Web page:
According to Irish law, Irish whiskey must meet certain specifications:
* must be distilled on the island of Ireland
* from a mash of malted cereals with or without whole grains of other cereals
* saccharified by the diastase of malt
* fermented by yeast
* distilled at less than 94.8% ABV
* aged for at least three years in wooden casks
* Only additives allowed are water and plain caramel colouring (E150a)
Department of Agriculture’s 2014 technical file for Irish whiskey.
Once made in this way, we find that there are four main types:
* Single malt Irish whiskey
Made entirely from malted barley, in a pot still, in a single distillery. Much like the classic, unpeated Scotch.
* Single pot still whiskey
A mixture of malted and unmalted barley, made in a pot still, in a single distillery. Includes raw, unmalted grain in the mash. If I understand correctly only 5% (by mass?) of grains other than barley may be be used.
* Grain whiskey
Made in a Coffey still, rather than a pot still. Could be made from any grain, likely barley, corn, wheat or rye. Lighter and more neutral in taste, grain whiskey doesn’t have the amound of organic compounds normally found in pot still whiskey, so it is sometimes criticized as being midway between whiskey and neutral grain spirits (“vodka”.) Rarely sold on its own. Rather, grain whiskey is usually blended with either Single malt or Single pot still whiskey. When this happens it is sold as blended whiskey.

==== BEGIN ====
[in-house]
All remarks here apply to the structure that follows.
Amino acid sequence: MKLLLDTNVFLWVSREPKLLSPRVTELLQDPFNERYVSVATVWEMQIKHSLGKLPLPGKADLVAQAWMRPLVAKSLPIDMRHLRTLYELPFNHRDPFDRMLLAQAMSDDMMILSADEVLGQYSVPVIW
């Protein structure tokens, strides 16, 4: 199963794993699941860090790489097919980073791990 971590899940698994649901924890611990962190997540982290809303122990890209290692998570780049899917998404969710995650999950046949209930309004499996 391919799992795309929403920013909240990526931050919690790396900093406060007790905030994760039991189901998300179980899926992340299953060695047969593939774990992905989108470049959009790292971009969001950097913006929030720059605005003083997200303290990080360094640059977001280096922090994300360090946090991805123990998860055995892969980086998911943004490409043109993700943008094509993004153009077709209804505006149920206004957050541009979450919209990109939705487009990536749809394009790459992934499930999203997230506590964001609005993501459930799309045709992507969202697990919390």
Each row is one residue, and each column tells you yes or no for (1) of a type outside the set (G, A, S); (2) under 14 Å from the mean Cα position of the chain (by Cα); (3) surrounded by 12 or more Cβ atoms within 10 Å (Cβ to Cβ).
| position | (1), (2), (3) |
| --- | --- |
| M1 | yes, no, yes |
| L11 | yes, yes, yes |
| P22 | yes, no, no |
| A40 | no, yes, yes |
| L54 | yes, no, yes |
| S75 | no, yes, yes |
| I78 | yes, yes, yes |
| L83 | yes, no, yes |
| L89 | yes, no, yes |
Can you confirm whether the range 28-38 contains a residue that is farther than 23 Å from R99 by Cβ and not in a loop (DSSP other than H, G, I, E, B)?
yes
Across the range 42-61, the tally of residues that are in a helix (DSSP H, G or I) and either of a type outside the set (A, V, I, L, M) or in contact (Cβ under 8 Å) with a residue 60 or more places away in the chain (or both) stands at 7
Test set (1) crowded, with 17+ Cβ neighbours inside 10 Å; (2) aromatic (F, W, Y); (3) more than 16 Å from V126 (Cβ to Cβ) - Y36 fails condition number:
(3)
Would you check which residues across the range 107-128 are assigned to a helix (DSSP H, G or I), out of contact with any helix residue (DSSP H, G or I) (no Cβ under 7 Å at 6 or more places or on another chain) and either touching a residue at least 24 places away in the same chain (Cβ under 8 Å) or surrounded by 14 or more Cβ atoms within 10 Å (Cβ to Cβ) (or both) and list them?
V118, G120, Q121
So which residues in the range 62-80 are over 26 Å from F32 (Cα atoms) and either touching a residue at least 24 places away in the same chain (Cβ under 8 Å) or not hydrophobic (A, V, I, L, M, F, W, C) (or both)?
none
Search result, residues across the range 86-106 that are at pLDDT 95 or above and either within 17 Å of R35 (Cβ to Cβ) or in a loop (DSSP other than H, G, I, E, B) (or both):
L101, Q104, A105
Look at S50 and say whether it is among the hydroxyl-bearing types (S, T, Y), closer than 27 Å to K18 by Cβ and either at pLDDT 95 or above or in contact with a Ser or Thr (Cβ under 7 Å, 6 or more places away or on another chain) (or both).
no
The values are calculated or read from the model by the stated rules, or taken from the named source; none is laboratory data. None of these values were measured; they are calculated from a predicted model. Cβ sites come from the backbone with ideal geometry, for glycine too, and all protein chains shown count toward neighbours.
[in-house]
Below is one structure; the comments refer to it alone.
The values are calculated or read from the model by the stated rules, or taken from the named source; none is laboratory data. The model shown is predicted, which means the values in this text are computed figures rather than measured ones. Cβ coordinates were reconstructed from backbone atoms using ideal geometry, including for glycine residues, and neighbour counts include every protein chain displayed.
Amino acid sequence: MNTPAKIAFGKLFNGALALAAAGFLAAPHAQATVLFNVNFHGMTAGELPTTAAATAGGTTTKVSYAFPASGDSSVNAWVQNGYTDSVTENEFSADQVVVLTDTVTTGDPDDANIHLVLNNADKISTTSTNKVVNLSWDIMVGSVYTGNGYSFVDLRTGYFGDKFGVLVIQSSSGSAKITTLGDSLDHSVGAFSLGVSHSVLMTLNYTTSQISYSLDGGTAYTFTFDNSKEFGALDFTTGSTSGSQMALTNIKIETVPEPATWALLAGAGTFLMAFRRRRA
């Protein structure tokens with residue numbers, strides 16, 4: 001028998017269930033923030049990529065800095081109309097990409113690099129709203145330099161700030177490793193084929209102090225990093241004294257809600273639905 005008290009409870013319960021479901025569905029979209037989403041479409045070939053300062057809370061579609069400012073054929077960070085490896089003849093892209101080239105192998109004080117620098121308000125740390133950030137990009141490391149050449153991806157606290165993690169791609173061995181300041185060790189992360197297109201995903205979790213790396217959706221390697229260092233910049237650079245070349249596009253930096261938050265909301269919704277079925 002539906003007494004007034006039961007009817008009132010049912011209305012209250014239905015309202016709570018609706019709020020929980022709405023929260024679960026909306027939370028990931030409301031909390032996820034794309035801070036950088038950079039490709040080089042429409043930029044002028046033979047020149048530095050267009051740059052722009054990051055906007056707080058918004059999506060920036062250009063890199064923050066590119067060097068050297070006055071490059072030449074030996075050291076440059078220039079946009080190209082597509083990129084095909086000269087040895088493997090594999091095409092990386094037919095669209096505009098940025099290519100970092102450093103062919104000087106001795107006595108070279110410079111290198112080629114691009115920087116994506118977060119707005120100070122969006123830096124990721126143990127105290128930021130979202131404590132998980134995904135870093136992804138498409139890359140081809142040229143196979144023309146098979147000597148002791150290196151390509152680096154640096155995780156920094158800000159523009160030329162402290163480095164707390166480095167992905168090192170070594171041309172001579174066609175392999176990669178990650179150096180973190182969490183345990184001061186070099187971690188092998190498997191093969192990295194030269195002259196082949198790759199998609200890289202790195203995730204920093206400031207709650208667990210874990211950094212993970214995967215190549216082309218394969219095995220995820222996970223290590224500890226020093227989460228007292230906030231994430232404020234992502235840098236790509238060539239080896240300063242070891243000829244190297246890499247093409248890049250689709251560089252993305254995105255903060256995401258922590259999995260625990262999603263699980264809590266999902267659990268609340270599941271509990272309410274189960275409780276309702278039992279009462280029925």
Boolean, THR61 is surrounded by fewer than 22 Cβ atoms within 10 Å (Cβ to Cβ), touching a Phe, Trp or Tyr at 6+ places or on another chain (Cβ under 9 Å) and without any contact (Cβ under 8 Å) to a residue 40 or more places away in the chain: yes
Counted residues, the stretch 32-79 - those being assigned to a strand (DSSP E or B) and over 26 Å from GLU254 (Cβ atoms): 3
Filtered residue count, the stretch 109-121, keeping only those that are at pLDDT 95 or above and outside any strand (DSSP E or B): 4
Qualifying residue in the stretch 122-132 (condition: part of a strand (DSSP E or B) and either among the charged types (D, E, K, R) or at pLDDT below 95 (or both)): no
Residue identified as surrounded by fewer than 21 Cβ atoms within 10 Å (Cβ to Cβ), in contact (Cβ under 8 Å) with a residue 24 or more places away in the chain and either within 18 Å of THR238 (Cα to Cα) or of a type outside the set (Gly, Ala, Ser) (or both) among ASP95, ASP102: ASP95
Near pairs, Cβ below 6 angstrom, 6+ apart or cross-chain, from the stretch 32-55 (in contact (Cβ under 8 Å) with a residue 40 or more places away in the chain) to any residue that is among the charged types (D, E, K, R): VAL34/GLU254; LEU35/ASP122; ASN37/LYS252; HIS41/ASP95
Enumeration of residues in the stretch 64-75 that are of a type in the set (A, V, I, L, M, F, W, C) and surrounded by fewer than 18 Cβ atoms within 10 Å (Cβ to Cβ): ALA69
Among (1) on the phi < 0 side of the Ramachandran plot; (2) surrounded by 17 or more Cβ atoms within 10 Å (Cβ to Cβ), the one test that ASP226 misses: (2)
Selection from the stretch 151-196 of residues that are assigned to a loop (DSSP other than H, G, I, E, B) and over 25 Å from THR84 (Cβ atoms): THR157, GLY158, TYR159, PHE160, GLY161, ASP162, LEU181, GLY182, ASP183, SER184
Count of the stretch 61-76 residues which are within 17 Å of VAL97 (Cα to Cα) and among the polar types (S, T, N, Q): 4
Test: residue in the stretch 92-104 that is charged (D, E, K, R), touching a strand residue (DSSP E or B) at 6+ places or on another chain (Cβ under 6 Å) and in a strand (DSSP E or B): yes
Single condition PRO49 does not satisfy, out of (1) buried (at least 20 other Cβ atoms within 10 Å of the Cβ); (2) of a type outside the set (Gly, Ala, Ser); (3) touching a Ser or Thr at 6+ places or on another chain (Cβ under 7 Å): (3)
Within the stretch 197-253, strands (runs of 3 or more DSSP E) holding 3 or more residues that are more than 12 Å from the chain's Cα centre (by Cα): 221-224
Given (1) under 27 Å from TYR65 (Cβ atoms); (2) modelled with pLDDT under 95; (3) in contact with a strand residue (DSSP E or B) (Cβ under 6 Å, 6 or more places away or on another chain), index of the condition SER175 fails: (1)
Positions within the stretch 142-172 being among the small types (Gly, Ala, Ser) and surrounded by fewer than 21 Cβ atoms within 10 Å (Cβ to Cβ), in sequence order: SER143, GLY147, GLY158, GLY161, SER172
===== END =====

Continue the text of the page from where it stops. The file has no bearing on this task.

* Blended whiskey
Any mixture of the above styles. This is now the most common style of Irish whiskey.
Apparently so! The rules state that this is “subject to the maturation of the final distillate for at least three years in wooden casks, such as oak, not exceeding 700 litres (185 US gal; 154 imp gal) capacity.”
“Technical file setting out the specifications with which Irish whiskey / Uisce Beatha Eireannach / Irish Whisky must comply.” Food Industry Development Division Department of Agriculture, Food and the Marine October 2014.
The earlier Irish definition is from Irish Whiskey Act, 1980, which stated “the spirits shall have been matured in wooden casks – in warehouse in the State for a period of not less than three years”
Controversies in Irish whiskey
Some whiskey sellers advertise and sell their products as if they are a distillery, but they are actually NDPs (non-distiller producers); they have bought whiskey from elsewhere, blended it, and perhaps finishing them by giving additional aging in different barrels. There’s nothing inherently wrong with this – but some companies aren’t clear about being NDPs, and customers deserve to know if the whiskey inside the bottle is really distilled by the people selling it.